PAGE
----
This idea of deciding craft over art is understandable and this idea stood out to me the most. The software that you make as a software developer must be useful to the customer, otherwise it is a meaningless piece of work.  It is okay to implement the special touches on your work once it has fulfilled its usefulness to the customer and their needs. However, it is not okay to primarily focus on the art aspect over the needs of the customer. You are called craftsmen for a reason, not an artist, and that’s how I view this pattern’s main idea. I completely agree with this pattern’s idea of craft over art and I feel that every software developer should consider the “craft” a priority over the “art” of their work first.

From the blog CS@Worcester – Ricky Phan by Ricky Phan CS Worcester and used with permission of the author. All other rights reserved by the author.

Backing Up

In light of what happened last week, I decided to make coming up with a strategy for backup a priority on the Massachusetts HOSA website. After all of the work that I put into the design the first and second time around, I do not want to risk losing it again. In many regards, I am thankful that losing the data happened when it did. It has allowed me to improve my habits and develop in a more efficient and sustainable way.

The first thing that I made sure to do once I had restored the design of the website was to make an initial back up of the files and database. Although there are more efficient ways (I’ll explore some of these later), I chose what was easiest at the time and copied the files from the web server to my local hard drive through an FTP client. Through an SSH session, I dumped the contents of the database to a .sql file and transferred this file to my local computer, again through FTP. I am now far less paranoid making changes, because I know that I have this backup to fallback on should I mess anything up beyond repair. This backup contains the entire base site, with all design completed per original specifications.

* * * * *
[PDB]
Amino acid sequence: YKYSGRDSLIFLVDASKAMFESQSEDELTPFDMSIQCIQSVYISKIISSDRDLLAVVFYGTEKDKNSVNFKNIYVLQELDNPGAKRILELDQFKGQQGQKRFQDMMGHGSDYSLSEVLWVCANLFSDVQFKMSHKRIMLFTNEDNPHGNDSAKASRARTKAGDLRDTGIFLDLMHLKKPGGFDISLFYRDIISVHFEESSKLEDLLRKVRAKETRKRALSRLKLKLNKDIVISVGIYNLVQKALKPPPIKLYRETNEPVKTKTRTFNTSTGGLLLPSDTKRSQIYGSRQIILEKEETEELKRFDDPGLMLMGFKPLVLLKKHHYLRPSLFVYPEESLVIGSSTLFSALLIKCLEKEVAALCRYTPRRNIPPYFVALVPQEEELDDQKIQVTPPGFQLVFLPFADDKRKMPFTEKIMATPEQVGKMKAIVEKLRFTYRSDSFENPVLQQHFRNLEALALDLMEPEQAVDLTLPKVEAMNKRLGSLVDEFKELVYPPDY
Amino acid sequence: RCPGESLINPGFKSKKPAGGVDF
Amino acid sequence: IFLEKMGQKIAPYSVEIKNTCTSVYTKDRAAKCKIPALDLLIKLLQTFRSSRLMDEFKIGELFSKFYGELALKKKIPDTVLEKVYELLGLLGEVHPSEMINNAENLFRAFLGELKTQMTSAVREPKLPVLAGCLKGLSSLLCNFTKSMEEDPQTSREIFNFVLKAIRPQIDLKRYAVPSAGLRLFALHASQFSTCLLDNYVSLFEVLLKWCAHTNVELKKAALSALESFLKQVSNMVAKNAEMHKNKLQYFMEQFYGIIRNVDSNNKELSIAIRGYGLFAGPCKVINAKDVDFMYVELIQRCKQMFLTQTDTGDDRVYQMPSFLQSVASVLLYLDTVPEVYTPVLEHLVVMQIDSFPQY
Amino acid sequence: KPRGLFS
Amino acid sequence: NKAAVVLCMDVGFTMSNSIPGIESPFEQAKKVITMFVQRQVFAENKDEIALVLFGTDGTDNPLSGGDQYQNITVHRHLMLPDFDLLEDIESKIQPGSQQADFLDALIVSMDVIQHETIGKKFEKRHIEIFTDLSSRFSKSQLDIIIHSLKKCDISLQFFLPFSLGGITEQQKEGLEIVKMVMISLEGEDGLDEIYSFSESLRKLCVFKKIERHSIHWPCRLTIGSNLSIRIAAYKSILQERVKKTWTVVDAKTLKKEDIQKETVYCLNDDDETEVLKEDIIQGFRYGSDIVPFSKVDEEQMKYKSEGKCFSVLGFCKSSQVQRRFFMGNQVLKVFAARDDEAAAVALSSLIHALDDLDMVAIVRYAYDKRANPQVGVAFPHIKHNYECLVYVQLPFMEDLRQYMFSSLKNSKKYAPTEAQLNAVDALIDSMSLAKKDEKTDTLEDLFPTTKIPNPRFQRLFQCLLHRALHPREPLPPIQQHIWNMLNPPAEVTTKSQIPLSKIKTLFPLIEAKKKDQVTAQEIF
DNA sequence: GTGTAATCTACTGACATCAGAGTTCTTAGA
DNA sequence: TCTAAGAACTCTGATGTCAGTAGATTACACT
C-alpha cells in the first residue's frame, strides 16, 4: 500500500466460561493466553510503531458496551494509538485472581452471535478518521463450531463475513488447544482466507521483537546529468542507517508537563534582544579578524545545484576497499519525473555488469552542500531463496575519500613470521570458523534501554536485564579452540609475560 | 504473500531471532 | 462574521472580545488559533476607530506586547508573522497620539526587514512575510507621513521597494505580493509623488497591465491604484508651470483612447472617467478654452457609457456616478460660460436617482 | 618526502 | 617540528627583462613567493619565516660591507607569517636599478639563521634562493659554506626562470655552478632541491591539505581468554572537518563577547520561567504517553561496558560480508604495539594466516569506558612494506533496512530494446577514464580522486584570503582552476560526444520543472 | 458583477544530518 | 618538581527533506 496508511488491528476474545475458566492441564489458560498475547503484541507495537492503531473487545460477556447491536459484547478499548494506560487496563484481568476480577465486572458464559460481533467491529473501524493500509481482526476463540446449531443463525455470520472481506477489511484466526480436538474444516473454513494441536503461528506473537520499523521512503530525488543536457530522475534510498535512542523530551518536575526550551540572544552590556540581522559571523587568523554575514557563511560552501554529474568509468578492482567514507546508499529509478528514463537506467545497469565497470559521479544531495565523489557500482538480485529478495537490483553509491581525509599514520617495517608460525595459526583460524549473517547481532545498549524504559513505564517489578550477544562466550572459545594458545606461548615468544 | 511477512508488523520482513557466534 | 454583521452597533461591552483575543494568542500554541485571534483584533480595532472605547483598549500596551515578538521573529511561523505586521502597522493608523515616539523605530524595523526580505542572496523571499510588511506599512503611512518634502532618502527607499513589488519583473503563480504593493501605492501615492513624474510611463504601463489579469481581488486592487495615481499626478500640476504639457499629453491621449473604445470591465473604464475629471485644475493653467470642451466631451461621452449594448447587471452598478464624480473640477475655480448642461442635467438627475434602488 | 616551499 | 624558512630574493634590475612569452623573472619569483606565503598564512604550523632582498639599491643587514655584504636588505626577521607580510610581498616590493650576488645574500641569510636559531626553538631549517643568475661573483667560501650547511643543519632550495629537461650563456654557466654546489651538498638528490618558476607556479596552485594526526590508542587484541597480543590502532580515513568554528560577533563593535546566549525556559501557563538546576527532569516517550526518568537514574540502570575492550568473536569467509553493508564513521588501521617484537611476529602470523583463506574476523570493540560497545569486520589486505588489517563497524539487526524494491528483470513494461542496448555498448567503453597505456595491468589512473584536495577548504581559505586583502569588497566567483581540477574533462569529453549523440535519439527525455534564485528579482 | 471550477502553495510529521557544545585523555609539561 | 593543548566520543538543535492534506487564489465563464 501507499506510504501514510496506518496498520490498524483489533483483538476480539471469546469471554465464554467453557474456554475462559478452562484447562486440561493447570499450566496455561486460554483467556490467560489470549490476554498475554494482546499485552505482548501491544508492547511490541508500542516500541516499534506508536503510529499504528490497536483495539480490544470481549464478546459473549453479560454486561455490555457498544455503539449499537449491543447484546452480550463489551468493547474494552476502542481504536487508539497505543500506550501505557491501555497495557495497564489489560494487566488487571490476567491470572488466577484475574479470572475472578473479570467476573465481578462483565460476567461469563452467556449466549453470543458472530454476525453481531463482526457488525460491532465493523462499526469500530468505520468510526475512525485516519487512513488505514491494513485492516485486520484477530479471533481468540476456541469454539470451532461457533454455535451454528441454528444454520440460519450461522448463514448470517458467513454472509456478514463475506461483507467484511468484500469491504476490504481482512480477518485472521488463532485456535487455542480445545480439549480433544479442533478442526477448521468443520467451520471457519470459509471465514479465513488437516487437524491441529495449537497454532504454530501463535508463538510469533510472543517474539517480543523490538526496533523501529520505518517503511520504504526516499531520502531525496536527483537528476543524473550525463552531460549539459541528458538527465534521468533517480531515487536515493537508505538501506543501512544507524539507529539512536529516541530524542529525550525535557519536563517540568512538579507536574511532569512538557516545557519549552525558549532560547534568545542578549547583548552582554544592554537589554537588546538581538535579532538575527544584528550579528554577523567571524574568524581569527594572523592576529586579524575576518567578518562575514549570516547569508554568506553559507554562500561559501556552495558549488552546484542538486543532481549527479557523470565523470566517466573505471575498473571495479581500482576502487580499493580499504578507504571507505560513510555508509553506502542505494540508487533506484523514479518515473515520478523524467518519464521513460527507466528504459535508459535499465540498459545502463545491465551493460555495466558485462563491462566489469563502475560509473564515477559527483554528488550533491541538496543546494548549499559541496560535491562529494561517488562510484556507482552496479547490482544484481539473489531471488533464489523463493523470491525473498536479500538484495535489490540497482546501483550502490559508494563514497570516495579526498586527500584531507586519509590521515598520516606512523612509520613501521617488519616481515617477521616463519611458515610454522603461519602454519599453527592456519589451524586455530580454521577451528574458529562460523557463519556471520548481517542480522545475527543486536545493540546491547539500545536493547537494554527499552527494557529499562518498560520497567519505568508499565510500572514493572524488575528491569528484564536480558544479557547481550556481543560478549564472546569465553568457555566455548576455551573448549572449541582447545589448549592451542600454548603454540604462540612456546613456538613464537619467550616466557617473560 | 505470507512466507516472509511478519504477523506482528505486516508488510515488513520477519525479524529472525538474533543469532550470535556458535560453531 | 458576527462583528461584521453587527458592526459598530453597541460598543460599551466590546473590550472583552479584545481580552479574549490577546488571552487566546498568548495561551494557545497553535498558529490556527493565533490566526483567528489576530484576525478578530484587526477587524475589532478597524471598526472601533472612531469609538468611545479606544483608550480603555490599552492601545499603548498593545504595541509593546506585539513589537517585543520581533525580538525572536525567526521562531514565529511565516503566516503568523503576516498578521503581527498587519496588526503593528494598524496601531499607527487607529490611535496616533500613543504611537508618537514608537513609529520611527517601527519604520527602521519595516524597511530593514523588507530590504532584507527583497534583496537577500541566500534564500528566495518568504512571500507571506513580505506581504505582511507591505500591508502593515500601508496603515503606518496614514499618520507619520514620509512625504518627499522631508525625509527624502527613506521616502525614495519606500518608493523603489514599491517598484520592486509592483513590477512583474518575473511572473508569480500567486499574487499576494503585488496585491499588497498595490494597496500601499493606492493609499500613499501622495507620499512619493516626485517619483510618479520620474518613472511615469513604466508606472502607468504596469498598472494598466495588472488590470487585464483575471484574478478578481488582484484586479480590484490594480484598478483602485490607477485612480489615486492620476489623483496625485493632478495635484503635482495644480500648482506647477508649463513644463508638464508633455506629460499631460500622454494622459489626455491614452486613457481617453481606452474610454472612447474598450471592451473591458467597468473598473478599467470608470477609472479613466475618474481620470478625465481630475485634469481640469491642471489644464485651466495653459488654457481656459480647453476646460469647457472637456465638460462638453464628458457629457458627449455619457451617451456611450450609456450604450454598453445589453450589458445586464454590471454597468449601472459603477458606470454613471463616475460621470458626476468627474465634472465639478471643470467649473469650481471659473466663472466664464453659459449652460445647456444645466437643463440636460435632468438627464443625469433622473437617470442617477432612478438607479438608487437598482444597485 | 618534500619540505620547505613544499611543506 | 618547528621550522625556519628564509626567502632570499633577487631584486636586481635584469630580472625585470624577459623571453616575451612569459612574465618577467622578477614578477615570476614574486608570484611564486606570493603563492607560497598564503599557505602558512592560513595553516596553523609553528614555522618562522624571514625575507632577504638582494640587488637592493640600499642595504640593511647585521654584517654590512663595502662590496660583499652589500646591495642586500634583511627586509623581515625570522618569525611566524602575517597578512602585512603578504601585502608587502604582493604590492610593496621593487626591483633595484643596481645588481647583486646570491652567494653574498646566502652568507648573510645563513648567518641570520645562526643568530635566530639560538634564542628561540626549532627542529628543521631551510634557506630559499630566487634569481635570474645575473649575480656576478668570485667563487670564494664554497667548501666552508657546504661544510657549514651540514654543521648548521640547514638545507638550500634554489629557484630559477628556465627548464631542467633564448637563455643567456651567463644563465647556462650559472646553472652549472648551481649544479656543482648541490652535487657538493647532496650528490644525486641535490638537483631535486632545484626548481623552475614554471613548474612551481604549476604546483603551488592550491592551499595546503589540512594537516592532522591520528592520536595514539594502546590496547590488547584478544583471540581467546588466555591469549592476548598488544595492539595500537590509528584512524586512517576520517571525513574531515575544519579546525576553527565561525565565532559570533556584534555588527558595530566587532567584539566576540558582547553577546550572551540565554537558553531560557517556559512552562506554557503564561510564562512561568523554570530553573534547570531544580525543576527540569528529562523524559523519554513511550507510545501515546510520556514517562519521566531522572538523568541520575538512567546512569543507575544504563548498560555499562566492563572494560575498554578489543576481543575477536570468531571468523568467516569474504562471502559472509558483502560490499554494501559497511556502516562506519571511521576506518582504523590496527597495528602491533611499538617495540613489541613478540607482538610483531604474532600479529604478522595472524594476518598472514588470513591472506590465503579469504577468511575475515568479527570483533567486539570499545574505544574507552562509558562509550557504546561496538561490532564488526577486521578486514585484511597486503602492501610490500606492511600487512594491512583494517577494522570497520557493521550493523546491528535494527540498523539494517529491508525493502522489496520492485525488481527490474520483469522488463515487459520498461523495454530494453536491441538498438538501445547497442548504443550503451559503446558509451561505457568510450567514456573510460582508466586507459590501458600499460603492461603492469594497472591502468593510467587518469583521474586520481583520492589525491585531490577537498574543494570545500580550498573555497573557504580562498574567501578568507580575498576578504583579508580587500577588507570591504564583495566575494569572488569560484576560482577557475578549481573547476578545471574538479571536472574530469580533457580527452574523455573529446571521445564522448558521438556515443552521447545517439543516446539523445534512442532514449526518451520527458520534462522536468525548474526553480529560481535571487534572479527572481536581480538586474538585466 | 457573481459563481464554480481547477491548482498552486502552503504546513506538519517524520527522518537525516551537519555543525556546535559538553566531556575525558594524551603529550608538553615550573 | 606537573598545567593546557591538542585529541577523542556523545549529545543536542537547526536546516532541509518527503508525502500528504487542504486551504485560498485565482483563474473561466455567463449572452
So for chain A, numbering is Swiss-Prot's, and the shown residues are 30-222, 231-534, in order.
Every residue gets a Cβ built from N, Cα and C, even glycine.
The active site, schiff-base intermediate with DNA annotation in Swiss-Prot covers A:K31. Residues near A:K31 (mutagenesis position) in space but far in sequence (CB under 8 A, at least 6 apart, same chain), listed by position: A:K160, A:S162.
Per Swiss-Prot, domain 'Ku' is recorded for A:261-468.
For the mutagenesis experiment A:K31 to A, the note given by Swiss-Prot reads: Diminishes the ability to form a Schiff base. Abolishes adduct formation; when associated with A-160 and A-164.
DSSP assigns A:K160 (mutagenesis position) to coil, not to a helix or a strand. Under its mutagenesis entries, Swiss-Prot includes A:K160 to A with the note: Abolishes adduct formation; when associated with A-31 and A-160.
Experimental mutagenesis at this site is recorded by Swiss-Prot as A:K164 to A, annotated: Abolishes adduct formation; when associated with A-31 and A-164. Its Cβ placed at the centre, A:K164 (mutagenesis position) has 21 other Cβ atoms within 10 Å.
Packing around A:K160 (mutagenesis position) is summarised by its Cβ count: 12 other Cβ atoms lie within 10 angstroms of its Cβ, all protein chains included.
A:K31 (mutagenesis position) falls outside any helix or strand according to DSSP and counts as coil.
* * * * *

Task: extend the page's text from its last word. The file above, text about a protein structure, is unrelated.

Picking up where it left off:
After meeting to discuss the next steps, I will undoubtedly be making more changes to the site. Rather than having to initiate these backups manually each time using the process I described above, I would like to have some way of automatically backing up changes on some sort of a regular schedule. After researching plugins that could accomplish this, I found UpdraftPlus. I wanted to use a plugin rather than something server-side because we will be migrating the WordPress installation to a different server following development. By using a plugin rather than some sort of cron job or script on the server I would eliminate the need to completely reconfigure the backup service after the migration.

After initial setup, I ran a forced backup using the UpdraftPlus plugin. Despite a few files that the tool was unable to backup due to incorrect file permissions, the backup ran smoothly and stored all of the pertinent website data, including a database backup, on my Google Drive account. The only thing that has to be done at this point is to transfer the backup location to someone who will be able to access them if needed following development. I’m very happy to have found a solution to the problem of backing up, and looking forward to not worrying about breaking the website.

From the blog CS@Worcester – ~/GeorgeMatthew/etc by gmatthew and used with permission of the author. All other rights reserved by the author.

Breakable Toys

Those describing the Breakable Toys apprenticeship pattern assert the importance of designating a safe-space for failure. But we must accept there is no room for failure on the job. In a professional working environment, many expect us to produce material that works every time. But as depicted in this pattern’s description, failure is necessary in order to grow.

Building breakable toy projects can be a great way to contain, evaluate, and improve upon one’s failure. The idea is to personally design something “on the side” that emulates one or more features you’re working on professionally.

I’ve somewhat already applied this pattern throughout the course of working on the AMPATH project. I’ve developed a few “breakable toys” of my own with the intention of better understanding specific Angular capabilities. My reasoning is as follows: AMPATH uses many Angular functionalities I was previously unfamiliar with. I quickly began to realize I have a whole lot of learning to do.